Monthly Archives: August 2008

Further Hardin Debunking

yacouba.jpg Regarding Perry’s comment to the previous post, the point is that the specific example on which Hardin based his thesis, the one everyone cites in support of it, is not borne out by the evidence, not that he presented any evidence for it in the first place.

Further, that it’s not a tragedy in the sense Hardin meant: that of a Greek tragedy in which a flaw of character inevitably leads to the demise of the protagonist. Individuals are not inevitably disposed to claw out their own at the expense of everyone else. Sometimes people realize that there really is such a thing as the common good; that benefiting everyone benefits themselves.

Yes, I know about the Sahara and the Sahel; I’ve been there; I’ve seen the goats gnawing away at everything.

The solution is not state central planning: you cite Chinese lakes; I’ll cite the Aral Sea.

The solution is also not privatization of the commons: look at the wildfires in the U.S. west exacerbated by subdivisions built in forests.

Solutions that work seem to involve combinations of innovation, education, and especially cooperation. Like this one:

In the late 1970s, when the problems of desertification, combined with population growth, drought and grinding poverty in West Africa first began to get sustained global attention, the prognosis was mostly gloom and doom. And as has been well documented, foreign aid has been less than successful in improving matters. In Yahenga, Reij and Fabore note, efforts to modernize agriculture through large-scale mechanized operations usually failed, for a variety of reasons. The spread of zai hole planting spearheaded by Sawadogo was mostly carried out by the local farmers themselves, with limited support from the government or foreign donors. Those with access to labor dug the holes, and used local sources of organic manure to fill them.

A tree grows in the Sahel, Andrew Leonard, How the World Works, Wednesday, Oct. 4, 2006 11:22 PDT

The “free market” isn’t enough. Cooperation on scales from local to global is also needed. And it does happen, despite Garrett Hardin’s myth that it can’t.


Debunking the Tragedy of the Commons

x7579e05.gif Interesting article here making a point that should have been obvious for forty years. When Garrett Hardin published his famous article about the “tragedy of the commons” in Science in December 1968, he cited no evidence whatsoever for his assertion that a commons would always be overgrazed; that community-owned resources would always be mismanaged. Quite a bit of evidence was already available, but he ignored it, because it said quite the opposite: villagers would band together to manage their commons, including setting limits (stints) on how many animals any villager could graze, and they would enforce those limits.

Finding evidence for Hardin’s thesis is much harder:

The only significant cases of overstocking found by the leading modern expert on the English commons involved wealthy landowners who deliberately put too many animals onto the pasture in order to weaken their much poorer neighbours’ position in disputes over the enclosure (privatisation) of common lands (Neeson 1993: 156).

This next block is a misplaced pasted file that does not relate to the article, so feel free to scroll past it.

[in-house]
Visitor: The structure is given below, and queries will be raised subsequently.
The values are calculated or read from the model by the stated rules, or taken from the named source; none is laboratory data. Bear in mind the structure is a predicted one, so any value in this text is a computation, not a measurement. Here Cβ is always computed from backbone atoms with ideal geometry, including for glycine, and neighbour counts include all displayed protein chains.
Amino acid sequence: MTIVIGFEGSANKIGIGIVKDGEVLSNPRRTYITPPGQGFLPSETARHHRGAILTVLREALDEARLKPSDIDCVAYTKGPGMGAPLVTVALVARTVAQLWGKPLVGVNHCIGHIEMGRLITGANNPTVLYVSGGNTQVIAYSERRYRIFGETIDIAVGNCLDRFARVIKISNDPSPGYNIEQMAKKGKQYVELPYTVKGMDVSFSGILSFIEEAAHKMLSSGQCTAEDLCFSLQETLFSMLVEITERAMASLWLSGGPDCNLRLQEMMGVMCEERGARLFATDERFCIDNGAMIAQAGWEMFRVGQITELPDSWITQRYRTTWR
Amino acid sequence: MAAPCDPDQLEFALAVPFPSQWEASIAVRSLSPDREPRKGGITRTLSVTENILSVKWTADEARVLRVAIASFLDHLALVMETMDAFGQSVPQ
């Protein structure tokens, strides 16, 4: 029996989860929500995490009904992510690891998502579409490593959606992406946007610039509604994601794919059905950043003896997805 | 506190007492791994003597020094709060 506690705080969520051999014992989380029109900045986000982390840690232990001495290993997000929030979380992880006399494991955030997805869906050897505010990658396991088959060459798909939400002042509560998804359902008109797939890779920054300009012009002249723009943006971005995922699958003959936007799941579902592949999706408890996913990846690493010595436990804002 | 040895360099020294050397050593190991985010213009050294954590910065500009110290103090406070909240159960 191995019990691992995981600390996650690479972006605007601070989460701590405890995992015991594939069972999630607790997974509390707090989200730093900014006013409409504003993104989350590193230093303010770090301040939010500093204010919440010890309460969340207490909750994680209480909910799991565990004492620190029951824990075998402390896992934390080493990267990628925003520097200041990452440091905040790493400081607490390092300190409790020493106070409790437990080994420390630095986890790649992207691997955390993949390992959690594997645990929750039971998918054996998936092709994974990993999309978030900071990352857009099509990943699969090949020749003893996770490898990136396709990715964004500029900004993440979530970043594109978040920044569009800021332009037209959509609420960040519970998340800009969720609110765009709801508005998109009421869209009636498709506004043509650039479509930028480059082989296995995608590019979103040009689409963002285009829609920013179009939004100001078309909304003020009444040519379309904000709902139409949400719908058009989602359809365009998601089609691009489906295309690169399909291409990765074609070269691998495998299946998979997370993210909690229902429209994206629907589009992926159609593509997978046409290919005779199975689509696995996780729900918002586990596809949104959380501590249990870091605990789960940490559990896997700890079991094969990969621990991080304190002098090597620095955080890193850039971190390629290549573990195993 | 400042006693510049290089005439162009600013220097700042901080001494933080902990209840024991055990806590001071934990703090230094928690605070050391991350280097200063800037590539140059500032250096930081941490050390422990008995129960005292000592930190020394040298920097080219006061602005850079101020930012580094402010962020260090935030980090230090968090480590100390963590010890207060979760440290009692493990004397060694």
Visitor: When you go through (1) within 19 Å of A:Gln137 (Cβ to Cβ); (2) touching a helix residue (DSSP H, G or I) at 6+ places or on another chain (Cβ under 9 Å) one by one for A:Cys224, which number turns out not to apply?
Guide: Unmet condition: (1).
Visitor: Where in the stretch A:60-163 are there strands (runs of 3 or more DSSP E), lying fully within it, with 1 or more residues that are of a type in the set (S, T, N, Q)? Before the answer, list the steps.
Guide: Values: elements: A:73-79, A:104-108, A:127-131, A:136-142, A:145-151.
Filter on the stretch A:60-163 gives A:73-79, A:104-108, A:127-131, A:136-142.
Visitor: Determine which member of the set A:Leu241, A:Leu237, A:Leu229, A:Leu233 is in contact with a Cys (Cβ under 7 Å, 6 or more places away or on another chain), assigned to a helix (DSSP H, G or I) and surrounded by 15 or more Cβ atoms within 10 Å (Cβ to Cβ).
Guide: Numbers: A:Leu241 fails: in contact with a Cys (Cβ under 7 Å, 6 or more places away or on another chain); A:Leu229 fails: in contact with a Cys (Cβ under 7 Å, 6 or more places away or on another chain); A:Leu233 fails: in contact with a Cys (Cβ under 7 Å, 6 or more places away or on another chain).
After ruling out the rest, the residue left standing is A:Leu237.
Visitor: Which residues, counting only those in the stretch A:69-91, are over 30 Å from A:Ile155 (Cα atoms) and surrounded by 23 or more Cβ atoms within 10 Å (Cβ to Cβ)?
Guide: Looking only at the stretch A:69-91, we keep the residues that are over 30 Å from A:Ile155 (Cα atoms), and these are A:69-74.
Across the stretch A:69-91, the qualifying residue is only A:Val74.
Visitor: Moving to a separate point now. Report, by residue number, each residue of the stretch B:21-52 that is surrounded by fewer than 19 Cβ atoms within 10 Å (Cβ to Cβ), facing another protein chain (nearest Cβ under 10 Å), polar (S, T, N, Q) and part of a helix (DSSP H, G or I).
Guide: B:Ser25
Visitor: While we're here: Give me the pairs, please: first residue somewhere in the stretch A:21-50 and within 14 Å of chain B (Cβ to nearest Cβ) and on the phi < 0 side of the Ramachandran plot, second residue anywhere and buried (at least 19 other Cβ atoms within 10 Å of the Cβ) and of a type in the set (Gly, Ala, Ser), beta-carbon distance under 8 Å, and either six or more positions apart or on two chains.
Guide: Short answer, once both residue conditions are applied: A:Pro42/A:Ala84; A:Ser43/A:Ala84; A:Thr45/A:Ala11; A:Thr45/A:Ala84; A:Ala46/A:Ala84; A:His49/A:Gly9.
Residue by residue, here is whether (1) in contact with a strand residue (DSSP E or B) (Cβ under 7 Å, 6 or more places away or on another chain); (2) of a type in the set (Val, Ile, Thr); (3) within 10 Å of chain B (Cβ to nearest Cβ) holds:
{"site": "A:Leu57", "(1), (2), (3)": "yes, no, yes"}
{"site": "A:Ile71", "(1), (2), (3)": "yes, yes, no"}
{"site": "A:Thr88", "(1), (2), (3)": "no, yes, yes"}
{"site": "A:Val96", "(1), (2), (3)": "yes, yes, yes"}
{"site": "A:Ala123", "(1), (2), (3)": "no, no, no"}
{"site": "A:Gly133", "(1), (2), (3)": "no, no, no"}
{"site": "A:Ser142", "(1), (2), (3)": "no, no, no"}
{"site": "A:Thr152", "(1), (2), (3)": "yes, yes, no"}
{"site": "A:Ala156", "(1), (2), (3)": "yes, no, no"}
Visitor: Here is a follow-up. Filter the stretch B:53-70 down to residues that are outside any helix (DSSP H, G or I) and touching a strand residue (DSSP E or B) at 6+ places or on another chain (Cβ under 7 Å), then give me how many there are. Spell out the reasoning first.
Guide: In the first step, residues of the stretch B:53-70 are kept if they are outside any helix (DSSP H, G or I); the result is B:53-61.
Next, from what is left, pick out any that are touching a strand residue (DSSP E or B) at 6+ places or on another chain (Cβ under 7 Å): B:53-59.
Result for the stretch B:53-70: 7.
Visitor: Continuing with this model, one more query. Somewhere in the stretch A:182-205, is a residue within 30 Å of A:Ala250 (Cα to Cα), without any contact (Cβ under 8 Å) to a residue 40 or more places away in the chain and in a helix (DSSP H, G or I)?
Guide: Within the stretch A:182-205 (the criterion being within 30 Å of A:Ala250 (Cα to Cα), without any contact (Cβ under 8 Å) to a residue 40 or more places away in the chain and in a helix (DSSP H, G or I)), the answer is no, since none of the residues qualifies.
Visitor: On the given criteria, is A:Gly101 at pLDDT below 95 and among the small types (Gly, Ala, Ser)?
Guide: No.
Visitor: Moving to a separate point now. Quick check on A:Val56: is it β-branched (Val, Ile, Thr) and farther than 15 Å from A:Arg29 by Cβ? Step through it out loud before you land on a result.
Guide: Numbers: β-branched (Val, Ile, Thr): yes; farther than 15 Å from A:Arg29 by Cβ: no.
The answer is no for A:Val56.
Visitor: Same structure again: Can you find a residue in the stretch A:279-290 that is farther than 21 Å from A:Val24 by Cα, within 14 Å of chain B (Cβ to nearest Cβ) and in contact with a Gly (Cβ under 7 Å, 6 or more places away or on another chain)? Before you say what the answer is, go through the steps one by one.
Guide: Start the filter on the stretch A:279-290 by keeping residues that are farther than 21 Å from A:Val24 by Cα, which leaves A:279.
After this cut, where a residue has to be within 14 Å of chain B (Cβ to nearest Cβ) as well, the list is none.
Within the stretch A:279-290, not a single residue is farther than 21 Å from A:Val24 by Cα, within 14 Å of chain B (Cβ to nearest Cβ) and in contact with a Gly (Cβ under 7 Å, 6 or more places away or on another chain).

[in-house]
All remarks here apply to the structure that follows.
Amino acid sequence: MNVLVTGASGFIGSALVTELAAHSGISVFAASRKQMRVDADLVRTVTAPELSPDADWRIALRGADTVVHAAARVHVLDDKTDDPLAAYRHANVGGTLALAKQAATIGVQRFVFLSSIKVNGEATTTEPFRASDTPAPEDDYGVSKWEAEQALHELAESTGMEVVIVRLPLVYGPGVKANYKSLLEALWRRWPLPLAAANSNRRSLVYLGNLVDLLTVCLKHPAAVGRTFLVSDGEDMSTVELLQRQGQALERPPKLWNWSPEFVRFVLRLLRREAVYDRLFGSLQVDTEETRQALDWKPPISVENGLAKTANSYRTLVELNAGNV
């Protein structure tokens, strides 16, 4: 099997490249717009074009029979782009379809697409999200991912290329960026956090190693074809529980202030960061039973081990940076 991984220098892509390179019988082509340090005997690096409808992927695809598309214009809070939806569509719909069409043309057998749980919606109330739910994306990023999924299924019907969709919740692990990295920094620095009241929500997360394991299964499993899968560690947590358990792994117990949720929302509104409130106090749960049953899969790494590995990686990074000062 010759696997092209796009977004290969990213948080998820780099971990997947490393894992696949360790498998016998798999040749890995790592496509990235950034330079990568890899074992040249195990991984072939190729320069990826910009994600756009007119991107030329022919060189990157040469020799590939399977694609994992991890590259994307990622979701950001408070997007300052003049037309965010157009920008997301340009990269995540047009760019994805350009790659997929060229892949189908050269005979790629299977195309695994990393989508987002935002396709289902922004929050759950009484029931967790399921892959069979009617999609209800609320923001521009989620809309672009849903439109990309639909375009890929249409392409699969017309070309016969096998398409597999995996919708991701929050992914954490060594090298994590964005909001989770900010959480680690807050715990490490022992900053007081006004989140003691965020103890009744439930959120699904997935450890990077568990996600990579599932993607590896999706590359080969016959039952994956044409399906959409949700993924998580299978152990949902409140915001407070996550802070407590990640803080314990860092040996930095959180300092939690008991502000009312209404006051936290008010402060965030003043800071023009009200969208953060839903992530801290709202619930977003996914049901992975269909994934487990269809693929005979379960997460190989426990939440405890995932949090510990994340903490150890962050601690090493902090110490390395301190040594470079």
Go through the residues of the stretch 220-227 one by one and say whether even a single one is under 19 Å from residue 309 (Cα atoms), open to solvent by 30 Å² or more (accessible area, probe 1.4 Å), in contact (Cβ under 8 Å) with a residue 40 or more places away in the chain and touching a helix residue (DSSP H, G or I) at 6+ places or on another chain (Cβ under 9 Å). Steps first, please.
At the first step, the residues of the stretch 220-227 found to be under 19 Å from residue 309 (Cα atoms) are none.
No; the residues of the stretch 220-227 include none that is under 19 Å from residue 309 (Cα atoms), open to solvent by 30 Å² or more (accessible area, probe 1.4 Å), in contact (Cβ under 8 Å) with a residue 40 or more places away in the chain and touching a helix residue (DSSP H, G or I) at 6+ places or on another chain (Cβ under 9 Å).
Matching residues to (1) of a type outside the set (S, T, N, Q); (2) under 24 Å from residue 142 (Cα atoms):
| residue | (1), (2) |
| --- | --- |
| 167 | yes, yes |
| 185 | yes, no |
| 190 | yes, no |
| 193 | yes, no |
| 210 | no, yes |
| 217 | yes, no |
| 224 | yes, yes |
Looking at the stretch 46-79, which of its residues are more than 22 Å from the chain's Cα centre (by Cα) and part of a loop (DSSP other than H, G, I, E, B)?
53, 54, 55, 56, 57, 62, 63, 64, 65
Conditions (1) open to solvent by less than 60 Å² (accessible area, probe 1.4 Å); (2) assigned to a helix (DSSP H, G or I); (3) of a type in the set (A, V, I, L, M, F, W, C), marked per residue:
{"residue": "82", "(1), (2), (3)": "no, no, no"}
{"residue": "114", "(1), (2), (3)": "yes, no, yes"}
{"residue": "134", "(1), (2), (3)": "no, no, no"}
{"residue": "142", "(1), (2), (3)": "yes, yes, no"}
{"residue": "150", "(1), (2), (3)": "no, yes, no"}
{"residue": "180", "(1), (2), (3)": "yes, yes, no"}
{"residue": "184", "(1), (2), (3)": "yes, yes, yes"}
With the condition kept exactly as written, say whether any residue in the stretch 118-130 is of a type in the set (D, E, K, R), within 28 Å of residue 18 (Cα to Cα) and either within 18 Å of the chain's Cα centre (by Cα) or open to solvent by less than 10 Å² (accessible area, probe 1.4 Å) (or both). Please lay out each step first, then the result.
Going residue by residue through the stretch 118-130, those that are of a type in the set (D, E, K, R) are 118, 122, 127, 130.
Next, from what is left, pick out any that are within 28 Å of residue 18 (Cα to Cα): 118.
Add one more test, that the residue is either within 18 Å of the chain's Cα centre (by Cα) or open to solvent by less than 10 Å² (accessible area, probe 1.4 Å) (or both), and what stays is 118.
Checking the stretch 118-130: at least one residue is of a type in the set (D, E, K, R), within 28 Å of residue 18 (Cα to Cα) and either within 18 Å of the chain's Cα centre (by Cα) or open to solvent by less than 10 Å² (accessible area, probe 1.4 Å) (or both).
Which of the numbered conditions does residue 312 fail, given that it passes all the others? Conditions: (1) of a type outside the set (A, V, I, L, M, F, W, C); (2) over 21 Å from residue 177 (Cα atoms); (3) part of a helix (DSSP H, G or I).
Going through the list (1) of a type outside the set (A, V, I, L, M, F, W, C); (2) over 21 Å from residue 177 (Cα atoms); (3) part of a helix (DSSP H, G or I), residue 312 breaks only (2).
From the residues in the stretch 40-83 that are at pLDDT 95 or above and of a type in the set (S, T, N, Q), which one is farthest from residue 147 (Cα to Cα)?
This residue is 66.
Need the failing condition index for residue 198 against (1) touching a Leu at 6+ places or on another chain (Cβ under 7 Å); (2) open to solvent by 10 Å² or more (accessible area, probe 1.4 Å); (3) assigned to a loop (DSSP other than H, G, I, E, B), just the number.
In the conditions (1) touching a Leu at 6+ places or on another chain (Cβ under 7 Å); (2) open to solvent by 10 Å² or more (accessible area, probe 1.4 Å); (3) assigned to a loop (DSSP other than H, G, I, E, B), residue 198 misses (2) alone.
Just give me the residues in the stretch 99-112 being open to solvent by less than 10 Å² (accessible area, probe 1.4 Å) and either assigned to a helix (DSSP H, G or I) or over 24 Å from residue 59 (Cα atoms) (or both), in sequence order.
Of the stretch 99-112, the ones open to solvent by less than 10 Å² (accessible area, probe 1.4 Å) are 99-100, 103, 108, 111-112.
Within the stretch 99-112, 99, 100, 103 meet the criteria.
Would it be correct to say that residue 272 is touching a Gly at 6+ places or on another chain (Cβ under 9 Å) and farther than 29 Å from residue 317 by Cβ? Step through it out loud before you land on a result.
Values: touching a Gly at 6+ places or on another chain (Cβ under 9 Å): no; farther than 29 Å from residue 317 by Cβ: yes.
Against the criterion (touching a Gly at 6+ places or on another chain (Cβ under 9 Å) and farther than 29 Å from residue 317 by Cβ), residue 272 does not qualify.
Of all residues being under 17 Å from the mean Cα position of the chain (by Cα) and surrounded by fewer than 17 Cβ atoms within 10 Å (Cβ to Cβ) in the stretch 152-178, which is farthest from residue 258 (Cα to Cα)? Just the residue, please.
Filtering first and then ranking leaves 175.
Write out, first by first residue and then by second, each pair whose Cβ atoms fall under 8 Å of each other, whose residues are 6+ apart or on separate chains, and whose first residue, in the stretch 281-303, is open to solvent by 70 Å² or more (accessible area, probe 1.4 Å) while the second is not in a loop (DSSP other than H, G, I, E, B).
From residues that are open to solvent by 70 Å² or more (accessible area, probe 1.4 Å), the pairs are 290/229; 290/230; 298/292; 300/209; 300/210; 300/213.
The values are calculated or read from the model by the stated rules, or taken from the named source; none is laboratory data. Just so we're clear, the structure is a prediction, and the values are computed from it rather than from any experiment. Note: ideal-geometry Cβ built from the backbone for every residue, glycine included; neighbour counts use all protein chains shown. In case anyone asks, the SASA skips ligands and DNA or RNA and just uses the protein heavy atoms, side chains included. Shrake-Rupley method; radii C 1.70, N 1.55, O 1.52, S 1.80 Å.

Hardin assumed that peasant farmers are unable to change their behaviour in the face of certain disaster. But in the real world, small farmers, fishers and others have created their own institutions and rules for preserving resources and ensuring that the commons community survived through good years and bad.

Debunking the `Tragedy of the Commons’, By Ian Angus, Links, International Journal of Socialist Renewal, August 24, 2008

So privatization is not, as so many disciples of Hardin have argued, the cure for the non-existant tragedy of the commons. Rather, privatization can be the enemy of the common management of common resources.

What does this have to do with risk management? Well, insurance is the creation of a managed commons by pooling resources. Catastrophe bonds are another form of pooled resources, that is, a form of a commons.

On the Internet, the big problem with fighting risks like phishing, pharming, spam, and DDoS attacks is that the victims will fail if they go it alone. The Internet is a commons, and pretending that it isn’t is the problem. Most people and companies don’t abuse the Internet. But a few, such as spam herders and some extremist copyright holders (MPAA, RIAA), do. They need to be given stints by the village.


Doing It Wrong: Antivirus Software on Voting Machines

doingitwrong.png Xkcd has a point. And I like the teacher analogy.

Continuing to fiddle with models of how electronic voting might work while leaving in place demonstrably broken hardware and software produced by companies that over years have demonstrated they either don't understand the problem or have no intention of fixing it: that's fiddling while Rome burns.


Fast Flux Mapped

ffcrop.png Australian HoneyNet tracks Fast Flux nodes and maps them:
Below is the current locations of the storm Fast Flux hosts. This is updated every 15 minutes from our database.

I Had to change it to only show the last 6 hours of new nodes since GoogleMaps doesn't scale very well when your reaching past a few thousand markers on a map :)

—Fast Flux Tracking, Australian HoneyNet Project, accessed 7 Aug 2008

Fast Flux, in case you're not familiar with it, refers to various techniques used by bot herders, spammers, phishers, and the like to evade blocking by rapidly changing which IP addresses are mapped to which domain names.